October 26, 2014 by Paul Goldsmith
I have always been rather wary of people who wait until they become multi-millionaires before they start complaining about inequality. I have also been rather wary of someone who waits until multi-national corporations have given him a platform to sell millions of copies of his books and market his films to millions before railing against the pernicious influence of corporations. So you won’t be surprised to find that I am finding myself rather wary of the words and actions of Russell Brand.
And yet, and yet…his voice must be heard. His views on the way that the capitalist system is creating a worldwide ecological crisis and creating massive amounts of inequality are not actually that controversial and are backed up by plenty of evidence. If he wants to use the fact that the media will widely report what he says because of his profile to say what he feels is important and do what he feels he should be doing with his fame, then that is a fine use of our pluralist democracy.
But where I become a bit more concerned is when he insists on the corruption of the very democracy that is airing his views. Last year, he famously opined on Newsnight that he has never voted and never will. This was because of his “absolute indifference and weariness and exhaustion from the lies, treachery and deceit of the political class that has been going on for generations”. Given that one of the reasons why the people who listen most to someone like Russell Brand are the young people whose lack of turnout at elections has caused successive governments to abandon taking care of them with their policies in favour of older people, this is rather irresponsible.
Brand, for his part, accepts this. He doesn’t feel, given how corporations rule governments, that a gradual, democratic change is possible. So instead he is demanding a revolution. This revolution will result in a new administrative system based on the ‘massive redistribution of wealth’ (including, I assume, but am suspicious, HIS wealth). He has written a book, entitled ‘Revolution’ and has been touring the newspapers and TV shows to market it.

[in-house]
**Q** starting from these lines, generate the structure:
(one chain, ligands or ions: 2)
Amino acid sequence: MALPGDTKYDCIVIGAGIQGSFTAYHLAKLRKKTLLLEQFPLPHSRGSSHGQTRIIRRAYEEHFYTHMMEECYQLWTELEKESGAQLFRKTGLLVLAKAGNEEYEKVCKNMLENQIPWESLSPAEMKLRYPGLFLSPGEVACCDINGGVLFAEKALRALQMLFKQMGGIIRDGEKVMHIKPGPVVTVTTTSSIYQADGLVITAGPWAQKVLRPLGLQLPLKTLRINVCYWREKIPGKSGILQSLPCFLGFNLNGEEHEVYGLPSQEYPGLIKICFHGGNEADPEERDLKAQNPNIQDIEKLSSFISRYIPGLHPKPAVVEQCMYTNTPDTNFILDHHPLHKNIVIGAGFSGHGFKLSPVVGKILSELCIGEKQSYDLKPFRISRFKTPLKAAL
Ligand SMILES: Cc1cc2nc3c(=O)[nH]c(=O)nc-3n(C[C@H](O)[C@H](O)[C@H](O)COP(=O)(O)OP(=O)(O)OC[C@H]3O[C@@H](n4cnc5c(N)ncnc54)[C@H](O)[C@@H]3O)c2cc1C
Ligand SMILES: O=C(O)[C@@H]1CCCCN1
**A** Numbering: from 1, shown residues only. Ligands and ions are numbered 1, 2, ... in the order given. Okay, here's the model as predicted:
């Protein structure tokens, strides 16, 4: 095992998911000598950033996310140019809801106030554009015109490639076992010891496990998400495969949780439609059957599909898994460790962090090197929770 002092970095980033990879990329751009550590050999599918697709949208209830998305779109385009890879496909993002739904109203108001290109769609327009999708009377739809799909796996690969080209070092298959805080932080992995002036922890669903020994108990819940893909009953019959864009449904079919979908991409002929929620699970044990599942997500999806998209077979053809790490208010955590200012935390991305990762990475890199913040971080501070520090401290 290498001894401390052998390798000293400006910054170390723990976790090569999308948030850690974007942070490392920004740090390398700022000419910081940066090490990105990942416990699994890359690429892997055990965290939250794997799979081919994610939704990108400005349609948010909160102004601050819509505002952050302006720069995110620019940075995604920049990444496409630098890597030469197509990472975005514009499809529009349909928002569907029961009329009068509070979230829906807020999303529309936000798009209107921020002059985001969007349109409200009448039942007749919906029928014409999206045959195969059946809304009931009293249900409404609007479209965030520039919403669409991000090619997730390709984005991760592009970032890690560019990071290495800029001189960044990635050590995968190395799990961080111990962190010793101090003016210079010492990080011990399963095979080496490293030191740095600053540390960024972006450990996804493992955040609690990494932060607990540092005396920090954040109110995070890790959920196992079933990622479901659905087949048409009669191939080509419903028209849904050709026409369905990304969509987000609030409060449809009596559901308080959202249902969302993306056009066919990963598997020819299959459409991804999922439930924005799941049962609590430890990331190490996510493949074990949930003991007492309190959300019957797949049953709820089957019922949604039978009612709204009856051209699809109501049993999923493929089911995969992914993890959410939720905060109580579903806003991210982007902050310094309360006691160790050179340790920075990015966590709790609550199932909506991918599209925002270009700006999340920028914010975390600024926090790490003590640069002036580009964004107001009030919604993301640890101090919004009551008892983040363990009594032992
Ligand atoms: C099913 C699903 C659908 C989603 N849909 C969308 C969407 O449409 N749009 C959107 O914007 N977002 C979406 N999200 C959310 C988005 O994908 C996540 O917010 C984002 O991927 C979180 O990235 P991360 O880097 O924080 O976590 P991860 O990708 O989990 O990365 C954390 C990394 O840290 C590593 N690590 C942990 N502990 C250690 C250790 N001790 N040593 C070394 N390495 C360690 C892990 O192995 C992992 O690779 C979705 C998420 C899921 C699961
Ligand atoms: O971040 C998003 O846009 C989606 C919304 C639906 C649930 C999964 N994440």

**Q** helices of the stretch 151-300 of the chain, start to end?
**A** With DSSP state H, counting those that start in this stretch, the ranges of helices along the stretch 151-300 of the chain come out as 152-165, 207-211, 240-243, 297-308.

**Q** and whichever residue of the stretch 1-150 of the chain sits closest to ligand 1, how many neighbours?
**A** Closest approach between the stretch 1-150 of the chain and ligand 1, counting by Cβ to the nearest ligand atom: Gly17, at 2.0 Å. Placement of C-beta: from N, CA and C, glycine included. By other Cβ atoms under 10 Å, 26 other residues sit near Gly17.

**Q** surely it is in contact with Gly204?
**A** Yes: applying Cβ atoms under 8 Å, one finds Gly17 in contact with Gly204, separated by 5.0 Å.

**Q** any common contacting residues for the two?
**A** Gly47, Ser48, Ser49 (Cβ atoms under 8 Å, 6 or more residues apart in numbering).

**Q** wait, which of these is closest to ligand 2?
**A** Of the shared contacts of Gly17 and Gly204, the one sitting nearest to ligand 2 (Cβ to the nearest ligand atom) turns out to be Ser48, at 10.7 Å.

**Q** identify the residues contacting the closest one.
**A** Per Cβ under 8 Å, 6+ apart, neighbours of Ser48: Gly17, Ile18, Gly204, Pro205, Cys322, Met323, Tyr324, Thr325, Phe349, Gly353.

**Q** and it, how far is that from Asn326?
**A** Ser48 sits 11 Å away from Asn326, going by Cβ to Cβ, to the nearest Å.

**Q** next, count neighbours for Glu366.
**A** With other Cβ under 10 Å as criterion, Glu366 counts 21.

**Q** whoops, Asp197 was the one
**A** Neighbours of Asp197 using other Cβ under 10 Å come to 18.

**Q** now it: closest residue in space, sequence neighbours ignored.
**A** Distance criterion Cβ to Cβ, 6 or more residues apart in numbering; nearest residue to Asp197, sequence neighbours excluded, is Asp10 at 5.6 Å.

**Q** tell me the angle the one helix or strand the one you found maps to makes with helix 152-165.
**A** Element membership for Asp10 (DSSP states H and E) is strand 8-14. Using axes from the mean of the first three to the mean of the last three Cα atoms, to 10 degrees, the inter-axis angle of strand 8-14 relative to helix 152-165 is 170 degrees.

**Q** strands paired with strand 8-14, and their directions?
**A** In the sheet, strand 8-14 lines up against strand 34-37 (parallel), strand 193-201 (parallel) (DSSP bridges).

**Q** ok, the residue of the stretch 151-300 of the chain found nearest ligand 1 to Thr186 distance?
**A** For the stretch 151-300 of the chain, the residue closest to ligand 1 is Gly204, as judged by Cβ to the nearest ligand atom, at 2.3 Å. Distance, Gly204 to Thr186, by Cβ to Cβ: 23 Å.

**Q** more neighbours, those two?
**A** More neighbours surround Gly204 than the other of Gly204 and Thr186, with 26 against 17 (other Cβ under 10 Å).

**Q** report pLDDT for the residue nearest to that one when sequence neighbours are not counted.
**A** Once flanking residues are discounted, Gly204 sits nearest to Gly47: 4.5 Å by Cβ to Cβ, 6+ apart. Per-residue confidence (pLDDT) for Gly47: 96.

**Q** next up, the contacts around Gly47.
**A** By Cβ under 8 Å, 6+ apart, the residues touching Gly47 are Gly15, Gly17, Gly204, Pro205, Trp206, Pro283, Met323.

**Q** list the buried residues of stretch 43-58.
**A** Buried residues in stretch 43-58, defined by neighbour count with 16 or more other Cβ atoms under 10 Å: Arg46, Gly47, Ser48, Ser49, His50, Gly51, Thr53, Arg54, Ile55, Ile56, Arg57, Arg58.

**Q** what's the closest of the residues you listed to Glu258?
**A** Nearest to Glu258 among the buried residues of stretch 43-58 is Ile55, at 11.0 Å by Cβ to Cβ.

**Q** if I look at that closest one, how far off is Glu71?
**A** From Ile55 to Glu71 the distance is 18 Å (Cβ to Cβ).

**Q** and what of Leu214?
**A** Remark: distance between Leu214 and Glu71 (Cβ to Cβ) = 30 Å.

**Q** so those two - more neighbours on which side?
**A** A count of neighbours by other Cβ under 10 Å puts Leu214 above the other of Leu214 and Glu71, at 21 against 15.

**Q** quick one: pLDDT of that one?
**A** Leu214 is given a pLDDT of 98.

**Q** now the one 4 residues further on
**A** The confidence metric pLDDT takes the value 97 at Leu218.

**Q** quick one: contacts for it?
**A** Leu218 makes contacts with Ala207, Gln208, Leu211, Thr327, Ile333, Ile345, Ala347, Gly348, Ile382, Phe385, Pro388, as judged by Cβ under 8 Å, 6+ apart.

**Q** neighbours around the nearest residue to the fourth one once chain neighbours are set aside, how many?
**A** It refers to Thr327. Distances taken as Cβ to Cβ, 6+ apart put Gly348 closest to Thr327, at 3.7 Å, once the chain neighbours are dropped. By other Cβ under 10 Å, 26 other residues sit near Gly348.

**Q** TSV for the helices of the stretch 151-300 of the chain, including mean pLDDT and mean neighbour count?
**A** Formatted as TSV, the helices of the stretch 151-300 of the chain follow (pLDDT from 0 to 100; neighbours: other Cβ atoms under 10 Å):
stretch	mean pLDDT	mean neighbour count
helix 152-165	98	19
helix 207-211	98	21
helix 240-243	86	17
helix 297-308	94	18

His book raises issues that need to be addressed, but it also contains elements that shoot it, and him, in the foot. To suggest, as he does, that 9/11 was a US government conspiracy, makes anything serious he has to say be taken less seriously. Sometimes, people should be judged on the company that they keep, at other times peoples’ ideas should be judged on the company those ideas keep. This may seem unfair on Brand, who, as I have said, raises some important issues that deserve to be addressed, but it has to be said.
Some complain that Brand comes up with no actual policies. But that isn’t his job. He is a comedian, not a politician. Some argue that anyone who responds, when shown a graph with some actual facts in the Newsnight interview that “I ain’t got time for a bloody graph. This is the stuff people like you use to confuse people like us.” needs to learn that actually, facts are important and would help him with his arguments. Some argue that he is taking the easy road, which is to just throw out populist complaints because he doesn’t have to implement any solutions (a bit like Nigel Farage). But Brand could take an easier road, and not raise any of these issues at all. I argue that, much as the irresponsibility of his rhetoric frustrates me, people like Russell a Brand pay an important part in our pluralist democracy, and I hope he continues to do so.